The regulations make the HSE, EA and local councils responsible for monitoring hazardous sites and require companies to produce safety reports, introduce safety measures and draw up emergency plans. HOSL was required to submit safety reports in July 2003, but by the time of the explosion they had still not been completed.

Contamination has also been a major question at Buncefield. The Environment Agency is responsible for monitoring this at the site, but a survey of the drains and soakaways has still to be completed. During the course of the investigation, one borehole was discovered close to the tanks that is 42 metres deep and extends into the chalk below, which is classified as a major aquifer providing water supplies regionally. There are a number of road drains, some of which are connected to deep chambers. At the bottom of one appears to be another borehole at least 40 metres deep also penetrating the chalk aquifer.

A substantial proportion of the 786,000 litres of foam concentrate and 68 million litres of water used to extinguish the blaze contaminated the groundwater and surface water. Its severity has meant the explosion has been declared a Major Accident to the Environment and reported to the European Commission.

The third Progress Report also noted that the remaining contaminated fire waters had been removed and stored at a number of sites around the country, including the Thames Water Maple Cross sewage treatment works, pending decisions on its safe disposal. It declared, “The current storage does not present a significant environmental risk and measures are in place to protect the environment.” Within weeks the EA announced that nearly one million litres of the contaminated firewater had been released “inadvertently” from the treatment plant into the River Colne.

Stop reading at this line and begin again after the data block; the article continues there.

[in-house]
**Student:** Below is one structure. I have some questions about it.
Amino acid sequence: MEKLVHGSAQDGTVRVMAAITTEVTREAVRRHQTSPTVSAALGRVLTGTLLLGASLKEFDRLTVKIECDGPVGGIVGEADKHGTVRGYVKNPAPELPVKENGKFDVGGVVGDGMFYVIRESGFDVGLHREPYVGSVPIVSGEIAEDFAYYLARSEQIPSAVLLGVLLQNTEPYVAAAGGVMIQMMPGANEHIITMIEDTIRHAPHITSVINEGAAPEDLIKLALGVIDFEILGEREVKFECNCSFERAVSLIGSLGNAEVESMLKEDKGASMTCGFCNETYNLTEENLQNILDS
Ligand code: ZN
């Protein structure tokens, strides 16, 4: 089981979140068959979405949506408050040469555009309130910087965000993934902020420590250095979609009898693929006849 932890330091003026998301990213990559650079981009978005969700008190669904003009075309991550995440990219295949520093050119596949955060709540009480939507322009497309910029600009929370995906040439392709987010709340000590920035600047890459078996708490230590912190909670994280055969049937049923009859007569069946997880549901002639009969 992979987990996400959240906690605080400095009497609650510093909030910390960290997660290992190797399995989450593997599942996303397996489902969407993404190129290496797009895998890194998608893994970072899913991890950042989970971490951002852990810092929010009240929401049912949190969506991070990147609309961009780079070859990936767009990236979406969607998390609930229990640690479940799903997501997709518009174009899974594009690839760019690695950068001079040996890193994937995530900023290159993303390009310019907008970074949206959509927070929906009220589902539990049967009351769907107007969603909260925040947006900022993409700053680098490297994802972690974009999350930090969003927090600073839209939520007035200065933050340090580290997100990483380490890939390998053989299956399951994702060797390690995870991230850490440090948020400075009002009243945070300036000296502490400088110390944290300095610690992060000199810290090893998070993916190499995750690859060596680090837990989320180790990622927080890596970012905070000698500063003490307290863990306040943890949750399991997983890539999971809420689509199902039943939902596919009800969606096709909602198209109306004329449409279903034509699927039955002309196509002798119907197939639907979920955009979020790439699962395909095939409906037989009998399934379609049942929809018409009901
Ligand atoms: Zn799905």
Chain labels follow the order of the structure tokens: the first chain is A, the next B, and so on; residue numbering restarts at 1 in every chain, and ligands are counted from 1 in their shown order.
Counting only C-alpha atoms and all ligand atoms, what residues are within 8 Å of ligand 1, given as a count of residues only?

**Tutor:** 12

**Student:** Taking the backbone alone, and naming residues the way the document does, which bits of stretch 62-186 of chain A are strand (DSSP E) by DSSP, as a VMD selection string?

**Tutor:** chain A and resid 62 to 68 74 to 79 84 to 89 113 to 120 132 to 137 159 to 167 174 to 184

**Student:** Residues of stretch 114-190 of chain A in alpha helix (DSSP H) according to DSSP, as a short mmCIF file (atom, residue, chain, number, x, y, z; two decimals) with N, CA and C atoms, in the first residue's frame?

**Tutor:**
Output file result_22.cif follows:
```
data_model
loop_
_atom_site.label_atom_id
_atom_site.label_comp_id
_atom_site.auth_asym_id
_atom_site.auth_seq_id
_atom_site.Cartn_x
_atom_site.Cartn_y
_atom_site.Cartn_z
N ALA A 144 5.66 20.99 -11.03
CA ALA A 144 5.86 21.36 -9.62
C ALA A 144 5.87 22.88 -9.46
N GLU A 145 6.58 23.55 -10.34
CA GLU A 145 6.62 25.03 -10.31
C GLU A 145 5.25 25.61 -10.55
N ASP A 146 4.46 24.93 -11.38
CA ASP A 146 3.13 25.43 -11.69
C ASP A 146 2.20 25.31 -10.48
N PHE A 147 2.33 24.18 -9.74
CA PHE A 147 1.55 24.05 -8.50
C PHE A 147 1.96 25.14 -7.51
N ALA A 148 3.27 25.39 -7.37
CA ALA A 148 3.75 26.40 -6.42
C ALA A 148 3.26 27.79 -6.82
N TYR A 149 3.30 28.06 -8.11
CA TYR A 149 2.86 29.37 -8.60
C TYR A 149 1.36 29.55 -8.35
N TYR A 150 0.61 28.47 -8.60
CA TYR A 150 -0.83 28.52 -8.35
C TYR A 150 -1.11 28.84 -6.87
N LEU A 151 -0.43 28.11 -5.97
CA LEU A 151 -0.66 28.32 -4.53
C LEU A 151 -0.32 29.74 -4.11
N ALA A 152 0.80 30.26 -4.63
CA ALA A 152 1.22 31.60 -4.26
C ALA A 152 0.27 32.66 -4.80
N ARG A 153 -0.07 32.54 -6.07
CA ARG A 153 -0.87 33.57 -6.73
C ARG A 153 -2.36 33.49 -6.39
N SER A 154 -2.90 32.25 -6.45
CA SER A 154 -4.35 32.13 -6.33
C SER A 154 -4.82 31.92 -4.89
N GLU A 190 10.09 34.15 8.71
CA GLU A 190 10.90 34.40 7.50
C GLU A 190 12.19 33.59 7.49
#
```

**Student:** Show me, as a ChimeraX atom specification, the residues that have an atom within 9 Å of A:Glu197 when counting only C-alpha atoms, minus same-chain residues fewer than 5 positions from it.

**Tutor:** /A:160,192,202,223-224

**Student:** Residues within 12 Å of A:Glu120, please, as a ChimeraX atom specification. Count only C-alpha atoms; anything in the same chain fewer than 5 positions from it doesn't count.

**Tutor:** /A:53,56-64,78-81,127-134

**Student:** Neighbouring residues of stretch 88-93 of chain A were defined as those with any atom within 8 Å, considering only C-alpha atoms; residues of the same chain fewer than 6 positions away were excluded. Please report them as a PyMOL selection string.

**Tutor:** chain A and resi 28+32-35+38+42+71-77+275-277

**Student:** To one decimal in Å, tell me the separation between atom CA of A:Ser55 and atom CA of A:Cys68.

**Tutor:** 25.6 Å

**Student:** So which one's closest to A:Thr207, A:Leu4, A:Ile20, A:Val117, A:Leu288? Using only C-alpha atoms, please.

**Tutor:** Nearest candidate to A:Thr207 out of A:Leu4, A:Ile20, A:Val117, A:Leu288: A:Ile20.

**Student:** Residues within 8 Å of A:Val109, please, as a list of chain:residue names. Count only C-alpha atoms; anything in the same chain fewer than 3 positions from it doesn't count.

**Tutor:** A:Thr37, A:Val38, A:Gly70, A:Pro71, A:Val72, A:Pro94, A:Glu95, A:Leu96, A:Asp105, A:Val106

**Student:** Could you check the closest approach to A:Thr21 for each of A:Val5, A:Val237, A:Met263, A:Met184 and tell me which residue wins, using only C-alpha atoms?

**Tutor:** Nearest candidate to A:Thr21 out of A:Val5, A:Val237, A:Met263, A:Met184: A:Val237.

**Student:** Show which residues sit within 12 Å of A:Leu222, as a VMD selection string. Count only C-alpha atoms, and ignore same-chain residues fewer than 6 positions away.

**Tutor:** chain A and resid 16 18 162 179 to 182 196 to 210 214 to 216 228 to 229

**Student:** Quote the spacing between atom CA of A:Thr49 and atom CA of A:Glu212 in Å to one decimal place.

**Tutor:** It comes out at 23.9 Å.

The firewater not only contains the residues from the burnt fuels but perfluorooctane sulphonate (PFOS), which is used to make firefighting foam flow more easily. As scientists have long known about its toxicity and links to cancer, the largest global producer, 3M, decided to phase out the chemical in 2000 although it is not formally banned in the UK or European Union. After the Buncefield explosion, the Drinking Water Inspectorate decided that drinking water should not contain more three microgrammes of PFOS per litre of water. This decision reverses its previous policy, which said that there should hardly be any toxic substances detectable in water. The level for pesticides, for example, is 0.1 microgrammes per litre—thirty times less.

Despite the apparent poor regulation by the HSE and EA, it is the depot owners and management who are ultimately responsible for the safety of the site and prevention of accidents. But it is still uncertain if any prosecution of HOSL will take place. “In our view,” said Lord Newton, “the importance of reaching conclusions that are considered, costed and sustainable greatly outweighs any benefit that might be derived from coming to summary judgments.” He explained that the investigation into the causes of the incident will feed into the ongoing criminal investigation, and that it will be the HSE and the EA who will decide whether there are grounds to pursue criminal proceedings.

Meanwhile, BP is pressing to start using its undamaged storage tanks once more and there are controversial plans to build more than 5,000 homes on the remaining Green Belt land between Buncefield and the M1 motorway. As St Albans District Council councillors have pointed out, “Some of the development is quite close to the Buncefield site, but we haven’t even had all the results from the Buncefield inquiry, the guidelines into how close houses can be built to the site or whether or not the oil depot will be re-built.”